What the BoJ, ECB and Major Central Banks Do to Rest of the World

What the BoJ, ECB and Major Central Banks Do to Rest of the World

10 August 2016, 05:41
Mohammad Soubra
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What the BoJ, ECB and Major Central Banks Do to Rest of the World


 Talking Points:

  • The world's largest central banks are near, at or even below the zero threshold on their benchmark rates
  • Policy groups for the world's major, developing (emerging market) economies are comparably in disarray
  • Extremes in monetary policy is promoting more instability than growth, and smaller economies bear the brunt of it

The world's largest central banks are hosting unprecedented accommodative monetary policy programs - though the aim and success of their efforts are coming under greater scrutiny. With rates near or below zero and quantitative easing programs a common effort, collective policy is pushing extremes with a tangible decline in effectiveness and rise in associated risk. The Bank of Japan (BOJ) and European Central Banks (ECB) have stood as the most recent milestones of this diminishing influence. There has been little of the inflation or growth these groups target with the most recent rounds of QE and rates cuts, while their respective currencies have actually appreciated. In the meantime, economic trade partners and financial peers continue to absorb the detrimental side effects.

Looking at the major central banks' benchmark rates, there has been a universal slide in rates that reflects an effort to initially fight the crushing effects of the Great Financial Crisis. Through 2013, the fundamental and financial evidence for successively larger efforts was on offer. Yet, in the past three years, the unintended side effects started to outweigh the targeted virtuous objectives. Throughout, the period however, Emerging Market and smaller trade-oriented countries had to scramble to balance the international force with their own economic issues. In contrast to the uniform drop in developed world rates, emerging market rates have diverged dramatically between inflation issues, economic struggle a need to curb volatile foreign capital flows.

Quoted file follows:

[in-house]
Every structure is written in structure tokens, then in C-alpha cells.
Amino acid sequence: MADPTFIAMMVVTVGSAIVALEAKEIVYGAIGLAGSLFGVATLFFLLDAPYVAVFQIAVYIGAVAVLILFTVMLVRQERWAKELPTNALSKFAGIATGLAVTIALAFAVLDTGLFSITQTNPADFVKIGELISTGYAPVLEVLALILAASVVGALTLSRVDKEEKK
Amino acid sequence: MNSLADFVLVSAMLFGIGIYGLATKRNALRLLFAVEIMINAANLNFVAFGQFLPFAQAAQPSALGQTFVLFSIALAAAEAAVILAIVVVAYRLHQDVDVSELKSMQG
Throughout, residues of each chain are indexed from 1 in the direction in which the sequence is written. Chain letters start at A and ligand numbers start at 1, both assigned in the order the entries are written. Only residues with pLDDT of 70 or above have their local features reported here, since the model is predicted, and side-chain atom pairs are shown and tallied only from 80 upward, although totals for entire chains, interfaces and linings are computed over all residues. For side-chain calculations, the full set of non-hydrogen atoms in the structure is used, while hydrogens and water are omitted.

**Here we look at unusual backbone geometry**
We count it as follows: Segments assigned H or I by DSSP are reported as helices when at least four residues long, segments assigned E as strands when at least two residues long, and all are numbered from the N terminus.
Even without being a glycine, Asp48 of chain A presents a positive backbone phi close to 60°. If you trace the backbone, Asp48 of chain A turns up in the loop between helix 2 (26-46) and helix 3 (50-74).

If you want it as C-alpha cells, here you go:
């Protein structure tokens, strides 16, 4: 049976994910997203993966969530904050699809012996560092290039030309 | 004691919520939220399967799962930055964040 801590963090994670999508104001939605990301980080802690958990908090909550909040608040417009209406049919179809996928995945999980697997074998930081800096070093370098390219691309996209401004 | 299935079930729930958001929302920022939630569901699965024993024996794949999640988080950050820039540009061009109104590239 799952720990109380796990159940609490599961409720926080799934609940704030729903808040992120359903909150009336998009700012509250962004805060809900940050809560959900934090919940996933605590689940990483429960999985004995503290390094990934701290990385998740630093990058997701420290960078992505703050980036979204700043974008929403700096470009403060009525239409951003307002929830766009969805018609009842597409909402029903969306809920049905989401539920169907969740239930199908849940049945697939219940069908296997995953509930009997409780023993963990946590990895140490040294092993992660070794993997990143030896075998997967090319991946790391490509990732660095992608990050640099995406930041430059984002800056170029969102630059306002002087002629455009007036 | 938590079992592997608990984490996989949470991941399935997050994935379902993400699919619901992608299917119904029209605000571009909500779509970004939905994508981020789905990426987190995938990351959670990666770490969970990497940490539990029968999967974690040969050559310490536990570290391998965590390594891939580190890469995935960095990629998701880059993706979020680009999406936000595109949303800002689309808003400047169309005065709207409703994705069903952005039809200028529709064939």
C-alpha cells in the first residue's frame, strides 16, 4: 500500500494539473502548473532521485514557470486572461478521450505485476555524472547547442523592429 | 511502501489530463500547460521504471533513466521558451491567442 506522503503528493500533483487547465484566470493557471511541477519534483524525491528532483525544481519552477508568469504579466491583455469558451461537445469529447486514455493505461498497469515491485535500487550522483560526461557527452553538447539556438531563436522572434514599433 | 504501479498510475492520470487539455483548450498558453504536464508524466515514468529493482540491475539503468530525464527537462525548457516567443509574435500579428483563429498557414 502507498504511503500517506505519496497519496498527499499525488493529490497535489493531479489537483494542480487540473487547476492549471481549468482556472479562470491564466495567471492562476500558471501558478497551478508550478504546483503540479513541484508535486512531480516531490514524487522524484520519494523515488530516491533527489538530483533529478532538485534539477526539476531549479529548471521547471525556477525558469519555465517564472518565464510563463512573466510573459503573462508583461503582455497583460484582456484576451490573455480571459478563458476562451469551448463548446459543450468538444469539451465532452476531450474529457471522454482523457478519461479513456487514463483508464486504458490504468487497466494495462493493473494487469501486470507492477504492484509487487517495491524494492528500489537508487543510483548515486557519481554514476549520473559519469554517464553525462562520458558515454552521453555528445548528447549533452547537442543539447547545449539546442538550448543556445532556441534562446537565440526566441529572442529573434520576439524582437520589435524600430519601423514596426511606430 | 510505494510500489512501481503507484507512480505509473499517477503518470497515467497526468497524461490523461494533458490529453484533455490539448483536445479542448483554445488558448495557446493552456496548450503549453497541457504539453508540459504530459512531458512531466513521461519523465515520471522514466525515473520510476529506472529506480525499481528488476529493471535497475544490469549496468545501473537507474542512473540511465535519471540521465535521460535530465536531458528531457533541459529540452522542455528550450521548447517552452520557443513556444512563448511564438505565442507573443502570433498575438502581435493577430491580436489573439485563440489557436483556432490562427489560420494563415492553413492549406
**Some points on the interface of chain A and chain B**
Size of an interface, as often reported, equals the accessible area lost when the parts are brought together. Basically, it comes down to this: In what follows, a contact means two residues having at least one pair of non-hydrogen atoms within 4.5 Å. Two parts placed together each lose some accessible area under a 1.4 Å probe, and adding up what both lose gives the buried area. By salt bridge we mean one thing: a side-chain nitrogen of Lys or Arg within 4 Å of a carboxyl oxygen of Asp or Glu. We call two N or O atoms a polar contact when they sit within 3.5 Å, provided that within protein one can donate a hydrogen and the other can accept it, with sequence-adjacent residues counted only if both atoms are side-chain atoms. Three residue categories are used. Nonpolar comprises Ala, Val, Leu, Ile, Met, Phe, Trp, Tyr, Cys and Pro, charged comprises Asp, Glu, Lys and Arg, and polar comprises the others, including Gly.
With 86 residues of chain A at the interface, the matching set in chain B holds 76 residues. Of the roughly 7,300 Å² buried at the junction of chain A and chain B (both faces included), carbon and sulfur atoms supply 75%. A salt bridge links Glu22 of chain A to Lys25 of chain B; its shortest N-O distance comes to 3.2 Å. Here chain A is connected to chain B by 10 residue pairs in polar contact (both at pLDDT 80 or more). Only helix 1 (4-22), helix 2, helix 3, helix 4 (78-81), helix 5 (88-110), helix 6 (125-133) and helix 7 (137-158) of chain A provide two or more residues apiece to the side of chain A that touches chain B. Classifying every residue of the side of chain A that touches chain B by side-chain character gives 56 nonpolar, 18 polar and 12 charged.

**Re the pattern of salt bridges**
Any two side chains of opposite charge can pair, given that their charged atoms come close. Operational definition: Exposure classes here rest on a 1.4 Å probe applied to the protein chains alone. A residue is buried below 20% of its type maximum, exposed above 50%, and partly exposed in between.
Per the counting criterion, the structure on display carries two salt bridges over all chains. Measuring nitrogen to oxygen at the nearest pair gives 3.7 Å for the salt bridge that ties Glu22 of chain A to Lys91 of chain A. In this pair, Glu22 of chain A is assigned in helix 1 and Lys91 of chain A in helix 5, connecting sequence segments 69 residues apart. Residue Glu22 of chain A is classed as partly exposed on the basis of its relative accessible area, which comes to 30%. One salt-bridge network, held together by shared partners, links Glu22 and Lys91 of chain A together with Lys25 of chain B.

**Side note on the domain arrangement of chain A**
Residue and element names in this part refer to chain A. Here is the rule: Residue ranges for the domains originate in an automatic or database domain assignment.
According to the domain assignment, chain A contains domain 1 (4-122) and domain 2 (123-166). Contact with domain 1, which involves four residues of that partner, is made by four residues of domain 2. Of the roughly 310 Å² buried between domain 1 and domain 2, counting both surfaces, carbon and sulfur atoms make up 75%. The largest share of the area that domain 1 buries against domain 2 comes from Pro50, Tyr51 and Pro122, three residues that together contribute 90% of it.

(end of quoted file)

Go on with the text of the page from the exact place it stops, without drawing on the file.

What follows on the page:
Beyond the contrast between two major players (say Fed and ECB), there is a more dramatic contrast between the developed and emerging market central banks. And, in this widening gulf, speculative necessity is pushing deeper and deeper into extreme risk. We will continue to see this troubling spillover effect, and there are two milestones later this week. The South Korean central bank is scheduled to determine its next move in the shadow of the BoJ after their most recent push to extreme easing that is perceived to offer Japan an unfair trade advantage. For the Mexican central bank, an interest in curbing the Peso's slide seems to be evolving out of a steadying of risk trends, but it wasn't long ago (February) where the group hiked rates 50bps and intervened in the FX market. As fears of ineffective and distorting monetary policy start to percolate to mainstream financial headlines, this is the big picture to keep.

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